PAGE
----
Sunday, 5th Dec 2021

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No Mow May a learning journey

I am sure there are many of you who have been delighted to see that our local councils have extended the No Mow May to suitable verges.

No Mow May aims to protect our declining insect population by creating more favourable conditions for them in our gardens. Sadly they are in catastrophic decline due to changes in farming practices and climate changes. Our gardens can become a haven.

In May 2020, I asked my neighbours if they would agree to the area outside our houses known as the ‘The Mound’ to become a wildlife garden. I was inspired by the No Mow May campaign by Plant life. The area is about 80m long by 5m wide and thankfully they all agreed.

Meantime, I consulted a wildlife gardener and we planted some Buddleia, Juniper, Quince, as well as kidney vetch, Fox and cubs, ox-eyed daisies, knapweed and Bird’s foot Trefoil and let nature do the rest.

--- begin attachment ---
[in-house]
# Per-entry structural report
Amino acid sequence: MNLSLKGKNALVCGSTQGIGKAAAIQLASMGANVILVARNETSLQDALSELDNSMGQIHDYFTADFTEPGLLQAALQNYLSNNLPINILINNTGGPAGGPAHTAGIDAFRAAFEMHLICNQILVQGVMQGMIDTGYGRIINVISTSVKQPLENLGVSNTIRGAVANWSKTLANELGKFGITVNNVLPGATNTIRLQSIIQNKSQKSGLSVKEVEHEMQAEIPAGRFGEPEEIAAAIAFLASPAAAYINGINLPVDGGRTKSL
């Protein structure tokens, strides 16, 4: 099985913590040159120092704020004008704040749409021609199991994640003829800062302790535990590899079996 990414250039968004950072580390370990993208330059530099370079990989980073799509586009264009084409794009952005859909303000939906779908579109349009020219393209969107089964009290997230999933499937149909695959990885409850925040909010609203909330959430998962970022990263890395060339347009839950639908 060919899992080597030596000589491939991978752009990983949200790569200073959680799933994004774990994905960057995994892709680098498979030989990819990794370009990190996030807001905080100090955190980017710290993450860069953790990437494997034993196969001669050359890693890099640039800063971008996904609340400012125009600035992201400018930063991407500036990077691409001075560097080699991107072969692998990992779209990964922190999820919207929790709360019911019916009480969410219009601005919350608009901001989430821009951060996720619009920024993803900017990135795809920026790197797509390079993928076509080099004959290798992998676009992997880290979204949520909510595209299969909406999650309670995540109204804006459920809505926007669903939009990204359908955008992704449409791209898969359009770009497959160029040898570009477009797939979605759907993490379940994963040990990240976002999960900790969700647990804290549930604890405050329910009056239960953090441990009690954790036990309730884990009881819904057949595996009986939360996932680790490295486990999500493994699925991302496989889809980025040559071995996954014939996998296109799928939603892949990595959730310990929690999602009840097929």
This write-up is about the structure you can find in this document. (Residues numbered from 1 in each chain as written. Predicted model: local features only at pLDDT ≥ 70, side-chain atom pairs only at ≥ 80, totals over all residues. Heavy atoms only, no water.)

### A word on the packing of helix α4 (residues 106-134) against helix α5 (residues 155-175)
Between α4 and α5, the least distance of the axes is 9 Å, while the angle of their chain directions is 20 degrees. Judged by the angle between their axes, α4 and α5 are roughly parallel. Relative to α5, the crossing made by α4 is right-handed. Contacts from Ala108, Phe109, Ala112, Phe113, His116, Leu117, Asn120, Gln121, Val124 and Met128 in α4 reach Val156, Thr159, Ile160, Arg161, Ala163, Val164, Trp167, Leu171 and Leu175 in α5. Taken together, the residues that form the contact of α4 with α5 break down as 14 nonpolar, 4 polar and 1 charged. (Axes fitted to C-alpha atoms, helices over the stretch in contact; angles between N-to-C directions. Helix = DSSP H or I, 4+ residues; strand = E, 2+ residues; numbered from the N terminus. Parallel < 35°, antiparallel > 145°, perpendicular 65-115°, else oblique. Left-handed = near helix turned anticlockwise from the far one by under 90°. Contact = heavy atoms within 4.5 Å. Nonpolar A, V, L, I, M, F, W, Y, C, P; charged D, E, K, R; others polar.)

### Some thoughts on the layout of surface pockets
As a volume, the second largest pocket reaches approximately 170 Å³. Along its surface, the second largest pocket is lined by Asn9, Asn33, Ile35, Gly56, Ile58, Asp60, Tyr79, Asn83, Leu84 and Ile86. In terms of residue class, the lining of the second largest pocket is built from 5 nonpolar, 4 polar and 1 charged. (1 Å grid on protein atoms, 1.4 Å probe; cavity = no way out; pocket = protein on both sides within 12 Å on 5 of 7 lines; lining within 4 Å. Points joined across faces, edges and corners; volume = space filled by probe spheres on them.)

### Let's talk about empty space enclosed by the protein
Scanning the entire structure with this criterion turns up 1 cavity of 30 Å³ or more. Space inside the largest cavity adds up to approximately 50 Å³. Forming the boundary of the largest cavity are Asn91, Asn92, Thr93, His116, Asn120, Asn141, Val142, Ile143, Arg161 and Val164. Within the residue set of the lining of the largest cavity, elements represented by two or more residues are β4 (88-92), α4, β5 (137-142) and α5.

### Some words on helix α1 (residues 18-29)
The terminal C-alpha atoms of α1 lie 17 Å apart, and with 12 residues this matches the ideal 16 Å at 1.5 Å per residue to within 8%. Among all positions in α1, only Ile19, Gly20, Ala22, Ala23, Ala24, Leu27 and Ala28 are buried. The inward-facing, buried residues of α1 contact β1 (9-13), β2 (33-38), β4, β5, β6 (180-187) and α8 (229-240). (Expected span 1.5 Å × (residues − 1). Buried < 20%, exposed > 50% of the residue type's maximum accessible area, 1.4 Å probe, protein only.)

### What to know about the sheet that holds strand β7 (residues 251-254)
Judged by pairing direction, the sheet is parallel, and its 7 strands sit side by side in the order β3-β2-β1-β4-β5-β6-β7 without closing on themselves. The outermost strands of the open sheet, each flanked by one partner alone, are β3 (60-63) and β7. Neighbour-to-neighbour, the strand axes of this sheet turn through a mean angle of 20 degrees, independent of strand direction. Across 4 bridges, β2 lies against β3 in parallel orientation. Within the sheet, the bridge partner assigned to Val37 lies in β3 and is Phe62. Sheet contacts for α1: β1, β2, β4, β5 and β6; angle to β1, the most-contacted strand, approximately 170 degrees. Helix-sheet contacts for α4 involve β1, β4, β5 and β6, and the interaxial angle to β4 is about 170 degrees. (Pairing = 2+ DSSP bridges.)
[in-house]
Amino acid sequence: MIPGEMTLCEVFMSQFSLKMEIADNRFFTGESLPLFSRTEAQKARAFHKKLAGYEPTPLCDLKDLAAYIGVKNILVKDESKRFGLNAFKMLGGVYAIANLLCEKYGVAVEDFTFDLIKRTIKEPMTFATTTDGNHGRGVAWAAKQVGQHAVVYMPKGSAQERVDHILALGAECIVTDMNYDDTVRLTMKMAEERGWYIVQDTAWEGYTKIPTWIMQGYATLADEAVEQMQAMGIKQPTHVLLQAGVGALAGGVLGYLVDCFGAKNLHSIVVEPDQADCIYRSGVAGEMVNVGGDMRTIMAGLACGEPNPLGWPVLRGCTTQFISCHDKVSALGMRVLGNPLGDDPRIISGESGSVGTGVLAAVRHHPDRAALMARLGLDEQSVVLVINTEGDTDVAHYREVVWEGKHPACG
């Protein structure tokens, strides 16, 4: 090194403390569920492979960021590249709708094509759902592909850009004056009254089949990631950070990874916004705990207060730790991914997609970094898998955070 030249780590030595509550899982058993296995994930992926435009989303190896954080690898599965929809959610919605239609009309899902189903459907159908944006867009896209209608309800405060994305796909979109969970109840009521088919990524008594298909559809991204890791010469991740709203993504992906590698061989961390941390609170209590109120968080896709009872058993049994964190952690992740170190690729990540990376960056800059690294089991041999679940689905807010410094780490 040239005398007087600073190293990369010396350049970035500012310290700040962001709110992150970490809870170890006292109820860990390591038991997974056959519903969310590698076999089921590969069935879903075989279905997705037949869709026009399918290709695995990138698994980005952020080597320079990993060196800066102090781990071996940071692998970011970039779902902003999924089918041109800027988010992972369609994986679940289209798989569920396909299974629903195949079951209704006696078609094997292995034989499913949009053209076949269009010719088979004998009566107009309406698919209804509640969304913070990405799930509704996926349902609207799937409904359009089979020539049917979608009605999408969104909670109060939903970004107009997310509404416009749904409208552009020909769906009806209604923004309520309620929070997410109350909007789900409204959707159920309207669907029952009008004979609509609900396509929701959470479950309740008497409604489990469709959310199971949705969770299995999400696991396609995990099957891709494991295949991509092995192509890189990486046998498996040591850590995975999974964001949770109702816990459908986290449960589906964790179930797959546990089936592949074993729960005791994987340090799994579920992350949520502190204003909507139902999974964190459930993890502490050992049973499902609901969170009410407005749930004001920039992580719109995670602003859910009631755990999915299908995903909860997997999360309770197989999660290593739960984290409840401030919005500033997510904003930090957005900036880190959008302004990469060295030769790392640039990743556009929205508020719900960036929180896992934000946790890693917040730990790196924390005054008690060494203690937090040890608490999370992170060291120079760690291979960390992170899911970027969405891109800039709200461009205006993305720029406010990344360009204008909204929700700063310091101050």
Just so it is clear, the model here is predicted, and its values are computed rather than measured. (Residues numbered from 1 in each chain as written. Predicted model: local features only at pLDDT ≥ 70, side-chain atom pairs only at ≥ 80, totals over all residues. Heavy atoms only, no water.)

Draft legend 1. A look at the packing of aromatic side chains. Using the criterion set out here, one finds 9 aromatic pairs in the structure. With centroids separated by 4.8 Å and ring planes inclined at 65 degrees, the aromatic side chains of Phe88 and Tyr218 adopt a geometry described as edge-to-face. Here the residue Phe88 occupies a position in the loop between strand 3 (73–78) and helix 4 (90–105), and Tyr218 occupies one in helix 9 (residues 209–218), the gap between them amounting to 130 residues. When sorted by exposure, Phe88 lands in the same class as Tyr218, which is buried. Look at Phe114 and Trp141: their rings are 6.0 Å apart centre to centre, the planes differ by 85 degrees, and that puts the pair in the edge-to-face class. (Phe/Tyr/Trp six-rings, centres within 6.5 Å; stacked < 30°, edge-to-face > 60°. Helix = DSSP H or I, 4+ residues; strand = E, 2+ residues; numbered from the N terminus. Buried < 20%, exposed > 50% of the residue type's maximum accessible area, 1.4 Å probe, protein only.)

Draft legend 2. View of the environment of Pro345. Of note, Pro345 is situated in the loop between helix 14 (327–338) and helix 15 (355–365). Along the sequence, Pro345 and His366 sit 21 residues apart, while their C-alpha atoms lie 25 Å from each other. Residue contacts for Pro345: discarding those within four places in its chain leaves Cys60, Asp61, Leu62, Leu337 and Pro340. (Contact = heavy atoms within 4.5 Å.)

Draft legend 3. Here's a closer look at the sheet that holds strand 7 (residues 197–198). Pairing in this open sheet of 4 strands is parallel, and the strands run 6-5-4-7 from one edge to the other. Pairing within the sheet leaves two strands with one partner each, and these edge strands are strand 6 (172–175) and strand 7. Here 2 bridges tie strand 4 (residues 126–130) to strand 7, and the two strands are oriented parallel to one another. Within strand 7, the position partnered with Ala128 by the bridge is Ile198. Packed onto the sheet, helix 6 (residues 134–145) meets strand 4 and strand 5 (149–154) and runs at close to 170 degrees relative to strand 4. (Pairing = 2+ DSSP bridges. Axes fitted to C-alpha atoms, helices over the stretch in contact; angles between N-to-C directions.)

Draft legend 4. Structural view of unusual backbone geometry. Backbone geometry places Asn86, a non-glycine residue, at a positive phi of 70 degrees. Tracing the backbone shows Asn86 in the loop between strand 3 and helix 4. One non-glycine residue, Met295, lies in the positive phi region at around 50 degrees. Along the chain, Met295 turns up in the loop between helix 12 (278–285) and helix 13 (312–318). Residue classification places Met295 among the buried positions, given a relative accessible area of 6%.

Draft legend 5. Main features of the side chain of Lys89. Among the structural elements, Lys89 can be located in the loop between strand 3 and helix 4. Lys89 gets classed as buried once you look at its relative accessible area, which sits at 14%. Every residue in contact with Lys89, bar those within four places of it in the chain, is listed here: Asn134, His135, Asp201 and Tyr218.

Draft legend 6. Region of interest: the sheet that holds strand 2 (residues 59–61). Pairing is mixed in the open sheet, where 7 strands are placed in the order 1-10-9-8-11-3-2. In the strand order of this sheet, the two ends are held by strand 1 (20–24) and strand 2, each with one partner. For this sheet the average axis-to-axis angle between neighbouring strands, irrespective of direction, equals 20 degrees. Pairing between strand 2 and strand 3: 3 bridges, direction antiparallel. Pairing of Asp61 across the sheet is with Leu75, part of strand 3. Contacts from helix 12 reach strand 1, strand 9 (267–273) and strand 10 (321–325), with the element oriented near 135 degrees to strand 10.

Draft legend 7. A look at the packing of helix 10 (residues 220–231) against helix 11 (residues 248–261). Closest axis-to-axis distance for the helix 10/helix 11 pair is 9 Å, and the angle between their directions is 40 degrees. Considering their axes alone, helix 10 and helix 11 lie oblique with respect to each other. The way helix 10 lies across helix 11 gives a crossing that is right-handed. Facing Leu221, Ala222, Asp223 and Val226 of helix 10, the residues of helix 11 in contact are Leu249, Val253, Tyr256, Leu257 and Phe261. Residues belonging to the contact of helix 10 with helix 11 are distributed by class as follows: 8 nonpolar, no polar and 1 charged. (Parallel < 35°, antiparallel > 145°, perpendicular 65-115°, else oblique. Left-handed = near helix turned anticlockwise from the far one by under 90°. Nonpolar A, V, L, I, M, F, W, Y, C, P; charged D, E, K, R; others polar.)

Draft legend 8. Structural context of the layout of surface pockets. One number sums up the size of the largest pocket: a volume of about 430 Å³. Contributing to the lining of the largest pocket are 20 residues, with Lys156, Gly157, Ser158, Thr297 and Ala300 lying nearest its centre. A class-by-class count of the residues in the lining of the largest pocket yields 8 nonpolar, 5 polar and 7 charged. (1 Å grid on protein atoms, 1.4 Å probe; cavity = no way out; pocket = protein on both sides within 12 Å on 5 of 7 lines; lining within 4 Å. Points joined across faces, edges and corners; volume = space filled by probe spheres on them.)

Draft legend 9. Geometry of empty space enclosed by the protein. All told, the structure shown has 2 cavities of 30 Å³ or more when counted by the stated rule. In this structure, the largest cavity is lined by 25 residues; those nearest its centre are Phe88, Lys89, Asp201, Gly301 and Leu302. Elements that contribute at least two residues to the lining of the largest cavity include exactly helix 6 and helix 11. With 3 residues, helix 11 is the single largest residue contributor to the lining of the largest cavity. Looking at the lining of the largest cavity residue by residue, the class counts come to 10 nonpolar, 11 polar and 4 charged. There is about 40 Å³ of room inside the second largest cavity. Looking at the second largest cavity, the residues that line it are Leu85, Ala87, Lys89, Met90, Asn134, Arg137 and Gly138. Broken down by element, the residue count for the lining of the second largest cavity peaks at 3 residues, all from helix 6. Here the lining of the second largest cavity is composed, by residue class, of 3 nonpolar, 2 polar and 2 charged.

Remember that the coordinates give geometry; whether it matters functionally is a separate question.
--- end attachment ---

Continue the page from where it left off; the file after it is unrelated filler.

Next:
It has been a weird year and the weather has been difficult. We did a rough cut in September 2020, leaving some tufts for over wintering butterflies such as Meadow Browns and Gatekeepers and another rough cut in Early April, again leaving some longer grass, collecting the leavings and putting them under the shrubs. As every allotment owner knows, there has been great growth but not much flowering and the mound was the same. In June, we also cut some patches so the grass stayed shorter for the clover and bird’s foot trefoil.

Then the meadow bindweed took off, swamping the grasses and the flowers.  It was disappointing that so few wild flowers were able to flourish. Last week, I continued to hand cut patches and found myself almost eyeball to eyeball with the beauty below; the not so common, Common Blue butterfly.

So not so disappointing after all.

Grainne Rason
Posted on Mon, October 25 2021